Should a company be able to have a gene patent and more generally and practically speaking can genes be patented?
Patent and IP issues always raise a myriad of questions so what about a patent case on a company called Myriad? Complicated, right?
If genes in their natural form cannot be patented, does that mean that potentially very valuable cell types including stem cells also cannot be patented?
It’s a timely question to ask because the Supreme Court of the United States (SCOTUS) ruled yesterday that genes in their natural form cannot be patented.
Jon Rowley, very much on the ball, first asked the question yesterday on Twitter (see below) and it got me thinking more about the implications.
The SCOTUS case Association for Molecular Pathology v. Myriad Genetics drew much attention because of the major implications of a ruling either way. Here’s a nice piece on the arguments from the Stanford Law Blog for background.
SCOTUS ruled unanimously against Myriad, handing the company (and indirectly many other companies) a major, albeit expected defeat.
The focus was on Myriad’s intellectual property (IP) rights to two genes that are powerful markers for breast and ovarian cancer: BRCA1 and BRCA2. The BRACAnalysis test sold by Myriad to a quarter of a million women a year is extremely expensive at around $3,000 a pop. Analysts predict the price will go way down now, making it more accessible to women and likely saving many lives.
This is one very positive outcome of the decision, but some in the biomedical field are asking whether the ruling also might have the negative outcome of discouraging innovation. Thousands of other patents are effectively nullified and there will be a boost of competition in many areas.
Why did SCOTUS rule this way?
Justice Clarence Thomas provides the rationale in his write up:
“Myriad did not create anything,” Thomas said. “To be sure, it found an important and useful gene, but separating that gene from its surrounding genetic material is not an act of invention.”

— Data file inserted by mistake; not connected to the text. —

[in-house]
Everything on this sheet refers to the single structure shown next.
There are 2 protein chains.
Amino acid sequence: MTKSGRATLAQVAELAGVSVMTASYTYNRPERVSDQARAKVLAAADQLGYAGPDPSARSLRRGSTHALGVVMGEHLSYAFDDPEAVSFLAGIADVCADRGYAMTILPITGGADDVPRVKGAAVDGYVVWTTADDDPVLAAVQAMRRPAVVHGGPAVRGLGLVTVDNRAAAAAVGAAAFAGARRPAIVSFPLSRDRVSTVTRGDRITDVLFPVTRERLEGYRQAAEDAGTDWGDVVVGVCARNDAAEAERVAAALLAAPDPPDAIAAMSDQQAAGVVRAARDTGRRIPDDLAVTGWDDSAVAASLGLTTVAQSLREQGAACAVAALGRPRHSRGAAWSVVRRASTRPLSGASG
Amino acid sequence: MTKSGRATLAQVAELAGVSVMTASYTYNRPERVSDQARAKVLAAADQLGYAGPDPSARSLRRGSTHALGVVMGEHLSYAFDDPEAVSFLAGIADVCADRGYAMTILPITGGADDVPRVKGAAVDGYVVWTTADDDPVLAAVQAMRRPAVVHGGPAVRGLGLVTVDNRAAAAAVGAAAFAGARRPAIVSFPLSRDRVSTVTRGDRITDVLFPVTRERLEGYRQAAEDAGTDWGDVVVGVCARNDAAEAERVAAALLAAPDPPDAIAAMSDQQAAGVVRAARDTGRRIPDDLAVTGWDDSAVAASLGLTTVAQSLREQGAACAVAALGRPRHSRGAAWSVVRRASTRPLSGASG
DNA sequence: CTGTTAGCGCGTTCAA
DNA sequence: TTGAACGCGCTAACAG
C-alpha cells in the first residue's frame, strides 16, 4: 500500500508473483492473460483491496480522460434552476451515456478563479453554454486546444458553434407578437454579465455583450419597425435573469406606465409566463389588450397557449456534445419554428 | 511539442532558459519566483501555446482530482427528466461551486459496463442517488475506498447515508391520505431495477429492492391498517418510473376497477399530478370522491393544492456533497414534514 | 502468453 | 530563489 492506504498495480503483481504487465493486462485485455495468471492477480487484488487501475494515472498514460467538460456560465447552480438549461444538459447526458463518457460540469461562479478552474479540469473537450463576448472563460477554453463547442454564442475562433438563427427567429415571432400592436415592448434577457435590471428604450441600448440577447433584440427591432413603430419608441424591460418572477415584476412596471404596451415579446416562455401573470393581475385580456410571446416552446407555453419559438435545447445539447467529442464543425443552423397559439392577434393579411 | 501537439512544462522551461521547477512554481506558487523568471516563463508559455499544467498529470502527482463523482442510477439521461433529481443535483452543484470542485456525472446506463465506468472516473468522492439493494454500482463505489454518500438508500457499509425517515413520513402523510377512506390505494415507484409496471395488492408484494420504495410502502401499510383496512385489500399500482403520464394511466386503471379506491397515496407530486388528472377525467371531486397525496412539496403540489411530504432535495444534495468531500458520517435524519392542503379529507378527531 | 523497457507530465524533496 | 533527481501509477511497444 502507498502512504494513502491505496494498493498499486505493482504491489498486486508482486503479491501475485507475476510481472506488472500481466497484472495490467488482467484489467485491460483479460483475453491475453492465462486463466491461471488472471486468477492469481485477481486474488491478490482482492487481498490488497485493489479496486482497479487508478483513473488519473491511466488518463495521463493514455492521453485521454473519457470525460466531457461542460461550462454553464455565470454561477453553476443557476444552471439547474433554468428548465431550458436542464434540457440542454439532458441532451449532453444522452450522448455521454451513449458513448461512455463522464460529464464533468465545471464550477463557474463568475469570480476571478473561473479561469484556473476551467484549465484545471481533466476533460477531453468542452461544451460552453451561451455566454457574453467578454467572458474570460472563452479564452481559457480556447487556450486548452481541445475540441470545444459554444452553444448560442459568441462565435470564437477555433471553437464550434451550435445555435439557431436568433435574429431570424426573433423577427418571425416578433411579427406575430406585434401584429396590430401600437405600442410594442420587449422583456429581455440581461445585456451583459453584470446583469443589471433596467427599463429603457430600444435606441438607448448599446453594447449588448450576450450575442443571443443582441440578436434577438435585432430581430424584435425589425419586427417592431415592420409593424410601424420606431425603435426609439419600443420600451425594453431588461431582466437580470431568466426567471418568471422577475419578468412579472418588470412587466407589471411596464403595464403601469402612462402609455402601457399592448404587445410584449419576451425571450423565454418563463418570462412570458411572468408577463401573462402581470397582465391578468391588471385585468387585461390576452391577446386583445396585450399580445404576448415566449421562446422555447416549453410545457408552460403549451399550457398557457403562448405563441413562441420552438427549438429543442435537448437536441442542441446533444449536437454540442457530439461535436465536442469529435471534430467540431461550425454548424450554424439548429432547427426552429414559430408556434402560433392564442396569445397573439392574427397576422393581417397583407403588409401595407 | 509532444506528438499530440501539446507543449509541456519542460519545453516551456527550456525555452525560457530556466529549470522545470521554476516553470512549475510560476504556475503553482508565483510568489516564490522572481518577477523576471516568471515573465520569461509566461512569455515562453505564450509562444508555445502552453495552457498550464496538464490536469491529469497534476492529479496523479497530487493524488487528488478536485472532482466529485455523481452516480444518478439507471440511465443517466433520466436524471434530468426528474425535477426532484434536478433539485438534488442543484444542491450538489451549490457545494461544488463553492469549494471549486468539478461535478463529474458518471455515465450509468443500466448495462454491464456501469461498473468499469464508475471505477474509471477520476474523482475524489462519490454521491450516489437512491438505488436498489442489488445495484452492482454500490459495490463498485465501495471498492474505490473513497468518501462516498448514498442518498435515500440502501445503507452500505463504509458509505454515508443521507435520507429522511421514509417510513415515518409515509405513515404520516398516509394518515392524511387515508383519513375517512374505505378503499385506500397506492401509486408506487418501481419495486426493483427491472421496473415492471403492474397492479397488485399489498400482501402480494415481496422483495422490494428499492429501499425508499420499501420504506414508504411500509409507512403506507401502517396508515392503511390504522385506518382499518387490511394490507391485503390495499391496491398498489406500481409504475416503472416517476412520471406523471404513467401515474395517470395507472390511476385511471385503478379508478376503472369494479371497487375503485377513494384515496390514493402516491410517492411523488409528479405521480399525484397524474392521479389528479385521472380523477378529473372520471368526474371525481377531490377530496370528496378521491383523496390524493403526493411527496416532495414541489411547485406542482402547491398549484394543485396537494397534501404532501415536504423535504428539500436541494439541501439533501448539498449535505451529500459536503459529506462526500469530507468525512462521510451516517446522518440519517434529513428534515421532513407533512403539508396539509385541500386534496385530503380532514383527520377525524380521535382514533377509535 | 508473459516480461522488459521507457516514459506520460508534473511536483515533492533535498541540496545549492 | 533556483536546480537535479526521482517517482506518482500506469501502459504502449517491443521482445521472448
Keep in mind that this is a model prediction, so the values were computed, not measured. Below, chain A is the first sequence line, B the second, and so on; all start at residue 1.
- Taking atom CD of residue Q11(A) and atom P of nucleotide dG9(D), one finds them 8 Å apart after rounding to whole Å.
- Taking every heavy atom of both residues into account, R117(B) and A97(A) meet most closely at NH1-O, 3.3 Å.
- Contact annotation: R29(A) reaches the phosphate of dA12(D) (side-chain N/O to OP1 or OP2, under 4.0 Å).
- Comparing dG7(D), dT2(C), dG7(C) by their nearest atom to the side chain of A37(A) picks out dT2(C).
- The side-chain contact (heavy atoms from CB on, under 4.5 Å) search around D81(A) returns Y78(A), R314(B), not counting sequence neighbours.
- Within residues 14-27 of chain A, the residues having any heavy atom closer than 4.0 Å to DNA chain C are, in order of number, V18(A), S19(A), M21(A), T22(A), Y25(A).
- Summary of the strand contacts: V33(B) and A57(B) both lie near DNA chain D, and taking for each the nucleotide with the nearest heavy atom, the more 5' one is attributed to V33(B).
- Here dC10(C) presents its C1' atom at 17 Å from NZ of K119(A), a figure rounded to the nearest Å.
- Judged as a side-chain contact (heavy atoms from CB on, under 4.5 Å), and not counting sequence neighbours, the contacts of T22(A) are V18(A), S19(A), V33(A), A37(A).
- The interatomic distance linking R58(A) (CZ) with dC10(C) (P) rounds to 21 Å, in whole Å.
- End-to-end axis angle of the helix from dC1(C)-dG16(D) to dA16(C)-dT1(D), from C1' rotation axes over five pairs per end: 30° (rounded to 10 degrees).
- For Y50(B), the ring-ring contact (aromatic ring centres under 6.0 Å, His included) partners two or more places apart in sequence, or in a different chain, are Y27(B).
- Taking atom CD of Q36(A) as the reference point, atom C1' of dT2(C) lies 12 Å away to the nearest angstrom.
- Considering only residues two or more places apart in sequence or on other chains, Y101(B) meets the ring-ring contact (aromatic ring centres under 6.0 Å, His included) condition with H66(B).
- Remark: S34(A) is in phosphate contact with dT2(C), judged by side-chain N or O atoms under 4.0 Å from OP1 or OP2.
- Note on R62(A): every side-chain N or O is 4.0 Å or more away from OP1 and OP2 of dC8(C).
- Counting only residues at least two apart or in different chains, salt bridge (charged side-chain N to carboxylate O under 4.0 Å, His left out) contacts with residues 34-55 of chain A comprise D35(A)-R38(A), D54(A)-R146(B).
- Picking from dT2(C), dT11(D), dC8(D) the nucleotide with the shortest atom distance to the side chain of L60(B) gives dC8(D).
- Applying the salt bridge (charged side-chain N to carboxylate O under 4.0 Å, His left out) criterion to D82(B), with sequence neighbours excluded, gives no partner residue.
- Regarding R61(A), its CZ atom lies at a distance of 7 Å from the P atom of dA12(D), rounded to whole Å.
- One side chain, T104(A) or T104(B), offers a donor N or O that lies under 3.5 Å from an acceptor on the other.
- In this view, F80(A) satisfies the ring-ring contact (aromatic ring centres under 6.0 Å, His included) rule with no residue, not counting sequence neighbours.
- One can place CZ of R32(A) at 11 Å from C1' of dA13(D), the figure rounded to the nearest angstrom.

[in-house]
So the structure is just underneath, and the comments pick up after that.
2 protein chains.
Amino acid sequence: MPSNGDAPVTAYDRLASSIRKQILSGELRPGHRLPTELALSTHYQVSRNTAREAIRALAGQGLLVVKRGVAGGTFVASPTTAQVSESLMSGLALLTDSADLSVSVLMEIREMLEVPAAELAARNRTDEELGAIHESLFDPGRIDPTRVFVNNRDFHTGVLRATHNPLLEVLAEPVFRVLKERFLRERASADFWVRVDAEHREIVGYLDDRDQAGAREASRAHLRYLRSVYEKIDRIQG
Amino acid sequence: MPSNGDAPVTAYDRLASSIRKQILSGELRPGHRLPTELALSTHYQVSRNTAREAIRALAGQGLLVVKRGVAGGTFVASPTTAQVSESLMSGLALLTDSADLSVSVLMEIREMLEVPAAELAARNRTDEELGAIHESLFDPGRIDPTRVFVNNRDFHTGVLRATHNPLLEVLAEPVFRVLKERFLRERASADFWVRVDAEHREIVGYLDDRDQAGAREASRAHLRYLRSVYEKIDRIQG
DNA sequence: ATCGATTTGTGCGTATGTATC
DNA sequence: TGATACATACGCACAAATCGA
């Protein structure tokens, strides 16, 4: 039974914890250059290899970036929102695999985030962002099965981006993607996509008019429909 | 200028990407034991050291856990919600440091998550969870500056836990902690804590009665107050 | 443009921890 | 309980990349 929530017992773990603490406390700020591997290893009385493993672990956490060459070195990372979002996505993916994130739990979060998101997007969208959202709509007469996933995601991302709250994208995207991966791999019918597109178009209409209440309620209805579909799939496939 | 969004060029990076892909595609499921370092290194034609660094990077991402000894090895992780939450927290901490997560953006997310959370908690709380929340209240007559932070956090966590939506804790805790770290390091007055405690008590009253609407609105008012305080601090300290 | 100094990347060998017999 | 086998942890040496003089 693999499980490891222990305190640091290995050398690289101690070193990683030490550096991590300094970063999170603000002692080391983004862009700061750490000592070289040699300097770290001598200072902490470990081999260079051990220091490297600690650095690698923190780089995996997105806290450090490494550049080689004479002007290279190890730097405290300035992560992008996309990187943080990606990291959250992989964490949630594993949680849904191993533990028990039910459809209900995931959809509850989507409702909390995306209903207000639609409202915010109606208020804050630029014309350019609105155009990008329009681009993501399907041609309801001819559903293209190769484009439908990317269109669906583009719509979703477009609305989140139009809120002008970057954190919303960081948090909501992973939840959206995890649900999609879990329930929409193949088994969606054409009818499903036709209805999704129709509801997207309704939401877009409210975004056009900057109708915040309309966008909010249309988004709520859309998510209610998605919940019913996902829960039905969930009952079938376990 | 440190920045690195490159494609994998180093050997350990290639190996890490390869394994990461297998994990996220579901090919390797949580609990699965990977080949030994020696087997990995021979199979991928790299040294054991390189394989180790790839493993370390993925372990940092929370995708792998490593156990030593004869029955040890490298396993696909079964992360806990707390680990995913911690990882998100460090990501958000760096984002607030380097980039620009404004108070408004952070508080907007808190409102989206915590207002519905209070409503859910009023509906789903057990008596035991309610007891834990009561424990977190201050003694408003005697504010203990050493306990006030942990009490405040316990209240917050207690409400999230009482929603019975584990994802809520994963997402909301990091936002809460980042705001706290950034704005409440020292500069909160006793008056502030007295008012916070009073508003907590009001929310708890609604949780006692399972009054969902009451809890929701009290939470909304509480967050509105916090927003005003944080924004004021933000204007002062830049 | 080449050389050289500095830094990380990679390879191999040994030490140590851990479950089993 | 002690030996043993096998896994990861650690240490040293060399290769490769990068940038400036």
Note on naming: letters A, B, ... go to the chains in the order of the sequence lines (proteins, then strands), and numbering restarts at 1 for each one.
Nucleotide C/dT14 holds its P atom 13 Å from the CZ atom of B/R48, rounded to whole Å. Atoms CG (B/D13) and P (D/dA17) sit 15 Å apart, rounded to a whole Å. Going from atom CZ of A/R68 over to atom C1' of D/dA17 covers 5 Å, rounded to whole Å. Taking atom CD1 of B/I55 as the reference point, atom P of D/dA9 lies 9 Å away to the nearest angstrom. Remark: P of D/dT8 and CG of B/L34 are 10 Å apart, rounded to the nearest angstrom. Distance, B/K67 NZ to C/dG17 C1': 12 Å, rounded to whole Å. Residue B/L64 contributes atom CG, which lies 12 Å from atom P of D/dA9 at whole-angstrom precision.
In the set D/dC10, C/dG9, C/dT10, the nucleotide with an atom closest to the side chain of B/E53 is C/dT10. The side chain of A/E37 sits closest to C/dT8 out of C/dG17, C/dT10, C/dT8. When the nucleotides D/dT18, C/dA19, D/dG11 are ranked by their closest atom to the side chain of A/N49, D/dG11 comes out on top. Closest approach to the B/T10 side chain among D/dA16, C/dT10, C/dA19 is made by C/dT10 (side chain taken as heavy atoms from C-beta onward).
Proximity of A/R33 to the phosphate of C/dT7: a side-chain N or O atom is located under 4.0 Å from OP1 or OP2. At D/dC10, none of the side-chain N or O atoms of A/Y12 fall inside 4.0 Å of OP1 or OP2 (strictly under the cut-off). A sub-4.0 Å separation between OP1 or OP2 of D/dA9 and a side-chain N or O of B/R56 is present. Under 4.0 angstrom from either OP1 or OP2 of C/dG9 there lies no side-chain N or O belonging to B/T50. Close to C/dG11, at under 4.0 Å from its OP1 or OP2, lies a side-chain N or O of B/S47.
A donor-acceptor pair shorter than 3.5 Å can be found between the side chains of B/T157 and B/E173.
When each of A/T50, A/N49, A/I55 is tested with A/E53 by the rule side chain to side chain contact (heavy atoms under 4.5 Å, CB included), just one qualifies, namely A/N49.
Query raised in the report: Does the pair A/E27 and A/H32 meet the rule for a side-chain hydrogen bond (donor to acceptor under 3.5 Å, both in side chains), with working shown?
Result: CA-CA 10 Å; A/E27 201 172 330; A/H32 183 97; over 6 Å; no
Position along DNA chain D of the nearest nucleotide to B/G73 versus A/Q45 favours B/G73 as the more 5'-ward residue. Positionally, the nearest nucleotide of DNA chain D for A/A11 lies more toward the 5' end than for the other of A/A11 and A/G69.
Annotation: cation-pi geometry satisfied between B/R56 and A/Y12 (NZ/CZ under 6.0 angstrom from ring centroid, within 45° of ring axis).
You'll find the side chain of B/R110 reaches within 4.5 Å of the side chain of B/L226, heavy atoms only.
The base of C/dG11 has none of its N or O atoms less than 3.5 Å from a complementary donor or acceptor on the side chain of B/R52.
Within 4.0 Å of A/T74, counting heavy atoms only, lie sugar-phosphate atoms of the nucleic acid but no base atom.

In effect, SCOTUS reasoned, “Genes already exist so you cannot patent them. You didn’t invent them.”
What are the implications for other biological products and patents?
What about stem cells?
There are thousands of patents on stem cells, many related to naturally occurring stem cells that researchers and companies did not invent.
Does this SCOTUS ruling in effect challenge the IP rights to certain kinds of stem cells?
Thomas’ particular choice of words resonates here: separating that gene from its surrounding genetic material is not an act of invention
Does that mean that separating specific stem cells from their surrounding cellular material is not an act of innovation?
A definite maybe.
As a result, could stem cell patents be invalidated too in the future?
It is quite possible.
In fact in Europe, patents on embryonic stem cell research are banned, a decision that scientists are challenging and questioning. Strangely, the rationale of the European Court for its ruling remains unclear to this day I think even to the Court itself. I think its a bad ruling.
Back here to the US and the SCOTUS ruling’s implications for the stem cell field, there is a striking paradox here for many in the stem cell field hoping to make money off of stem cell patents.
On the one hand, a major argument made by for-profit stem cell clinics is that the stem cells that they transplant into patients are naturally occurring things (even when propagated in the lab in culture) that are not more than minimally manipulated so they should not be regulated as drugs. They want the FDA off their backs.
On the other hand, in many cases the same group of folks wants patent rights to their stem cell products. They claim unique, inventive ways of producing a distinct stem cell product and they naturally want protection from competitors taking away what they perceive as their own innovation.
But you cannot have your cake and eat it too.
If your company prepares a unique stem cell product that is not simply some naturally occurring thing (as Justice Thomas indicated) it seems by definition that it is very likely to be more than minimally manipulated and hence subject to FDA regulation as a 351 drug. If your stem cell product, however, is indeed not substantially different than endogenous stem cells and you think it should be regulated as a 361 non-drug biological product, then it seems a much bigger hurdle to then also claim IP and hence patent rights to it.
There’s the rub. To be clear, I’m not against patenting stem cells, but stem cell companies that claim both minimal manipulation and patent rights may be dreaming if they think they can pull off both in the long run. Maybe they can, but the Myriad ruling raises doubts in my mind.
It will be fascinating to see how this area develops in the coming years.